There are three pricing strategies in general:

Skim Pricing – setting high prices relative to competitors. Your product/service needs to be differentiated to justify the price. But as the product moves through life cycles you need to either reduce the price or add value to the product/service. Sticking too much to skim pricing attracts new competitors.

Neutral Pricing – prices are close to the competition. Second-tier competitors use the strategy particularly when they want the basis of competition to be something different than price.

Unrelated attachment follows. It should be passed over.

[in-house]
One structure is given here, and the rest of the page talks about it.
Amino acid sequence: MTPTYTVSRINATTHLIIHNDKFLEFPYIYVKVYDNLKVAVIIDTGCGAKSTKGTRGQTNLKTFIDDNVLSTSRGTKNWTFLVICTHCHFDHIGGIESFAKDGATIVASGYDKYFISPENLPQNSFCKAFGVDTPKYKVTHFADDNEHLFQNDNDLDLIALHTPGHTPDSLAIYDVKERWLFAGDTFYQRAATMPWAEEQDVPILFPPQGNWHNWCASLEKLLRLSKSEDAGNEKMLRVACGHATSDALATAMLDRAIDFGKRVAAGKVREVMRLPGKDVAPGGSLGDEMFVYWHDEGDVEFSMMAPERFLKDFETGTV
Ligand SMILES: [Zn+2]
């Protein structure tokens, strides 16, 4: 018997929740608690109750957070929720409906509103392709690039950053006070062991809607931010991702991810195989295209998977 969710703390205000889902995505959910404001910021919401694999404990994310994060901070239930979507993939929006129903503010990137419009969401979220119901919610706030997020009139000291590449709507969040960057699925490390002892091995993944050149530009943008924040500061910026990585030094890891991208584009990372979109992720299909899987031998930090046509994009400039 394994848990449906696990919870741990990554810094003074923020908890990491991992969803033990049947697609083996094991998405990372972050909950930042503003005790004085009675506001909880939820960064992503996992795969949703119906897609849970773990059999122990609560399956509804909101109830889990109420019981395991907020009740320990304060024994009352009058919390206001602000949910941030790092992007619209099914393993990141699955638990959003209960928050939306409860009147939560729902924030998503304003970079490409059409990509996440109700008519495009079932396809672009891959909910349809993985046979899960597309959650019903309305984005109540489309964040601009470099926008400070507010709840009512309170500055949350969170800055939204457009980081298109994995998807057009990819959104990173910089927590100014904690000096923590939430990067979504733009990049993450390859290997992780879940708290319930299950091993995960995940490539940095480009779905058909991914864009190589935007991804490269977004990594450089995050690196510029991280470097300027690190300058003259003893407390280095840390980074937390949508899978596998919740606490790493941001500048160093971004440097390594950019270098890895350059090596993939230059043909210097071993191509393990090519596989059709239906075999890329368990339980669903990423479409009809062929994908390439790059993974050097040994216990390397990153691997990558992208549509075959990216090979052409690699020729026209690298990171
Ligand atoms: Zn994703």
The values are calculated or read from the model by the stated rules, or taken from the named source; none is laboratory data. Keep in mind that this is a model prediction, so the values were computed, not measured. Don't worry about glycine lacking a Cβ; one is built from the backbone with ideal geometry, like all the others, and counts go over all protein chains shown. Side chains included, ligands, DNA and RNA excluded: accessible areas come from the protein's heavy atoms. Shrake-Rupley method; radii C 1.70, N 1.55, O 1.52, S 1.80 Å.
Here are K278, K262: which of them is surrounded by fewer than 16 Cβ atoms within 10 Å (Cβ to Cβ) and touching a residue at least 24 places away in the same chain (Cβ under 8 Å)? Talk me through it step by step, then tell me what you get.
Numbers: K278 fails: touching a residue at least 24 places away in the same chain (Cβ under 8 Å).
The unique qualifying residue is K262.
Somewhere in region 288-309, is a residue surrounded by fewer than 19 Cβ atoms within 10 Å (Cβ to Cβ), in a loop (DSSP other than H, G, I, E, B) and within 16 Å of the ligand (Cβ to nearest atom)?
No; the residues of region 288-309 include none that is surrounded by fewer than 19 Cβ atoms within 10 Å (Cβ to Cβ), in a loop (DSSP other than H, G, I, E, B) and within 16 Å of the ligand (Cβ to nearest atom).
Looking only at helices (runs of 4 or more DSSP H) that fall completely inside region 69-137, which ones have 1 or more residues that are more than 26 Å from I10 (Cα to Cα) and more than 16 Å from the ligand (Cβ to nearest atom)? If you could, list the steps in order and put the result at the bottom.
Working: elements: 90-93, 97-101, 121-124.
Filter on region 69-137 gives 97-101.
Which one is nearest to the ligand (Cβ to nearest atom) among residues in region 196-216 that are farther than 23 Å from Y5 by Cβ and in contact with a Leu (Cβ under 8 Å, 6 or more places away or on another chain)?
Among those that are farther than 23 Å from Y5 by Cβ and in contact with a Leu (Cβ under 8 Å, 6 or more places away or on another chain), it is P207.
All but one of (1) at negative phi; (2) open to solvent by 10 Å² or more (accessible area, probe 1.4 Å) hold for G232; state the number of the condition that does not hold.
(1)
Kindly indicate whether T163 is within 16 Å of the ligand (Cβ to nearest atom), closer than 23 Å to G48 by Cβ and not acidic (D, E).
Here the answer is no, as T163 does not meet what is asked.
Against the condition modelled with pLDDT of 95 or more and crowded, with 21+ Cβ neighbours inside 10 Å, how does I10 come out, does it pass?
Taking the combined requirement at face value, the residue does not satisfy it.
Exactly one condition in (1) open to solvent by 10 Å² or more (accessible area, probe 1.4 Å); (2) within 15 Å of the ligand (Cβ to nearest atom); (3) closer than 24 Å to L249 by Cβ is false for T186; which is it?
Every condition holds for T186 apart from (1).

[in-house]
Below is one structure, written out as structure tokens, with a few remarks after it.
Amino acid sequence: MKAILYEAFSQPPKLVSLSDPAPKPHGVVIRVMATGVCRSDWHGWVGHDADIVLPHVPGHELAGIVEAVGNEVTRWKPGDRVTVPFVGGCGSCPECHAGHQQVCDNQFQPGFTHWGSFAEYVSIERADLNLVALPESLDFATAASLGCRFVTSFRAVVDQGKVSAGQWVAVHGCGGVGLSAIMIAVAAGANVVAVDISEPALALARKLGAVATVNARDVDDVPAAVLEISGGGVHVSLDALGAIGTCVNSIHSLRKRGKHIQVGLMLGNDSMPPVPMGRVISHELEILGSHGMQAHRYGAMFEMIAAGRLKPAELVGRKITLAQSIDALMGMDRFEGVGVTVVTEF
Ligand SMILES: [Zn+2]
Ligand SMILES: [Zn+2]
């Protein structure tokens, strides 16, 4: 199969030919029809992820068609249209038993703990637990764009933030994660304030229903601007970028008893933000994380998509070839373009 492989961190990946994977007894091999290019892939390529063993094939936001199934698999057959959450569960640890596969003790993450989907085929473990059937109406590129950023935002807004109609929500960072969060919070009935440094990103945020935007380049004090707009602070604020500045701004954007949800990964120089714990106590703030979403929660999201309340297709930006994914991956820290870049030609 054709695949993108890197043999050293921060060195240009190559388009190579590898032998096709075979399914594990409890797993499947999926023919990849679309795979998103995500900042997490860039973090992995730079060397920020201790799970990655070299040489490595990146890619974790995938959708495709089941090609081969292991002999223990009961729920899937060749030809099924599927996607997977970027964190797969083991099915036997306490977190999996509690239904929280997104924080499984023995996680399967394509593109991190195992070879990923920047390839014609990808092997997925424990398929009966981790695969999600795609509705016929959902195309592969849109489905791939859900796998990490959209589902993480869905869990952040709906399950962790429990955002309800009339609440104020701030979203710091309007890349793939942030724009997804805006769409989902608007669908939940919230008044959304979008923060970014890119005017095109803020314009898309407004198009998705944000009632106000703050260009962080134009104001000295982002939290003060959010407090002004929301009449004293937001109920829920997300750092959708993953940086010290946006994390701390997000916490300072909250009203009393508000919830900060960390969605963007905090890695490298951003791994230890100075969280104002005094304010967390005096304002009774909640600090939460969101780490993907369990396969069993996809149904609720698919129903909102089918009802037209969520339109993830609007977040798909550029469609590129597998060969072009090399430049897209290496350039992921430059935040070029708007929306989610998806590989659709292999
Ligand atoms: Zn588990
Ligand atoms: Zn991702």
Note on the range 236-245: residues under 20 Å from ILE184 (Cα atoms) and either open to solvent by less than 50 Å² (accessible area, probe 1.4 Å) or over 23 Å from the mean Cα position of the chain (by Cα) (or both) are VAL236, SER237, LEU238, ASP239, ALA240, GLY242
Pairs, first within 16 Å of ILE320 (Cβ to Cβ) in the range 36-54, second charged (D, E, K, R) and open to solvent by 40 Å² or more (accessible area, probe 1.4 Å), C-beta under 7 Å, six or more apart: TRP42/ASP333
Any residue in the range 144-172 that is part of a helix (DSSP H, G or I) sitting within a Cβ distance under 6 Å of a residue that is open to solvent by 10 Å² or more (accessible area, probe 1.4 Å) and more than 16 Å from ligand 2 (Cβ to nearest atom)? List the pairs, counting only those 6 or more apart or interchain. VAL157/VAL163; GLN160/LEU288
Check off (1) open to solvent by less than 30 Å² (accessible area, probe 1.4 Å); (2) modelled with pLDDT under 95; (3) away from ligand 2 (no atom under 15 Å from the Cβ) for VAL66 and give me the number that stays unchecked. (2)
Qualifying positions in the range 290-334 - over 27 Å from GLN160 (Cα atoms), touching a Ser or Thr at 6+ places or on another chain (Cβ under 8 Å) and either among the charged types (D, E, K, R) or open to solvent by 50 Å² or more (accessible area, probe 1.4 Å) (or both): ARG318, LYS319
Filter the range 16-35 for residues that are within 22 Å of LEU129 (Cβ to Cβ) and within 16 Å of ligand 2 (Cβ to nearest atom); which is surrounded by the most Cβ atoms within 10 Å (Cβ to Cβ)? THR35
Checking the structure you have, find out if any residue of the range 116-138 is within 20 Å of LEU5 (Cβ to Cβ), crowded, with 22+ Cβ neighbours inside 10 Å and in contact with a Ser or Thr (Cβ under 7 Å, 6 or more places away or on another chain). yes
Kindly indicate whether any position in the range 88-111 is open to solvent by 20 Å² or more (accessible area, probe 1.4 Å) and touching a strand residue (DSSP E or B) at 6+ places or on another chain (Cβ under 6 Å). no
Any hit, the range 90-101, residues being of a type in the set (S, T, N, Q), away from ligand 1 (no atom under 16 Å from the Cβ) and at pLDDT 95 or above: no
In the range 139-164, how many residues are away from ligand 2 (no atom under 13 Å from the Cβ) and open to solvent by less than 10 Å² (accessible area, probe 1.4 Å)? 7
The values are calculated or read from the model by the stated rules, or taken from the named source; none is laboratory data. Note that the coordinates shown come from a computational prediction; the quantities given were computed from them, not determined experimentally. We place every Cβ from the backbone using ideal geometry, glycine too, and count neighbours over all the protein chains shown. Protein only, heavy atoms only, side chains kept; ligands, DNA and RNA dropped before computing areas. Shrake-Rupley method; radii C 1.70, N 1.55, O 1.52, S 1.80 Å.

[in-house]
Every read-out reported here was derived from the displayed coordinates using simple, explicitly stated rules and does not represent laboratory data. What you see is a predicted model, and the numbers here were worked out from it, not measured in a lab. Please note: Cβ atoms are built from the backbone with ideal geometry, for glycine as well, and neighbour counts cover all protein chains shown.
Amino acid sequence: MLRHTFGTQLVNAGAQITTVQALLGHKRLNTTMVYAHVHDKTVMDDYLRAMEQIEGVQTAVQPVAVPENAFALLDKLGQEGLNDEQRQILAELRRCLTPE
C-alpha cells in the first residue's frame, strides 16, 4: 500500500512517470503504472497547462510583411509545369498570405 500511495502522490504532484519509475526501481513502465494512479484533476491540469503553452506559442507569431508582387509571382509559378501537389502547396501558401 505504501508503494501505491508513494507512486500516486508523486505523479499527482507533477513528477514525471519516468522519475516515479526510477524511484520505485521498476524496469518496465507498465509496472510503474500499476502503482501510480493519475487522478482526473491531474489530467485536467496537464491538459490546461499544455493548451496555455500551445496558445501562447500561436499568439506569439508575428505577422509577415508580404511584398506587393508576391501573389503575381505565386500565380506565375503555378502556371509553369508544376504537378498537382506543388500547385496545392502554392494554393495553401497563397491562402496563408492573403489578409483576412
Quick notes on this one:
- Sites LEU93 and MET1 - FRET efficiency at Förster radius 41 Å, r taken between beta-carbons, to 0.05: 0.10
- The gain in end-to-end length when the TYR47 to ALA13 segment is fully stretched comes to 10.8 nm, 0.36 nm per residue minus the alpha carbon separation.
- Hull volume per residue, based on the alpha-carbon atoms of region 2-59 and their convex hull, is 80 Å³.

Penetration Pricing – used when price is the primary driver of purchase decision. It may work if you are certain that you can win the price war and stay profitable. However, the strategy creates more problems.
(Holden, Burton, 2008)

But businesses should not simply choose a strategy that they think will work for them. Pricing strategy should be a natural outcome of marketing strategy and the marketing strategy should be a way to execute business strategy.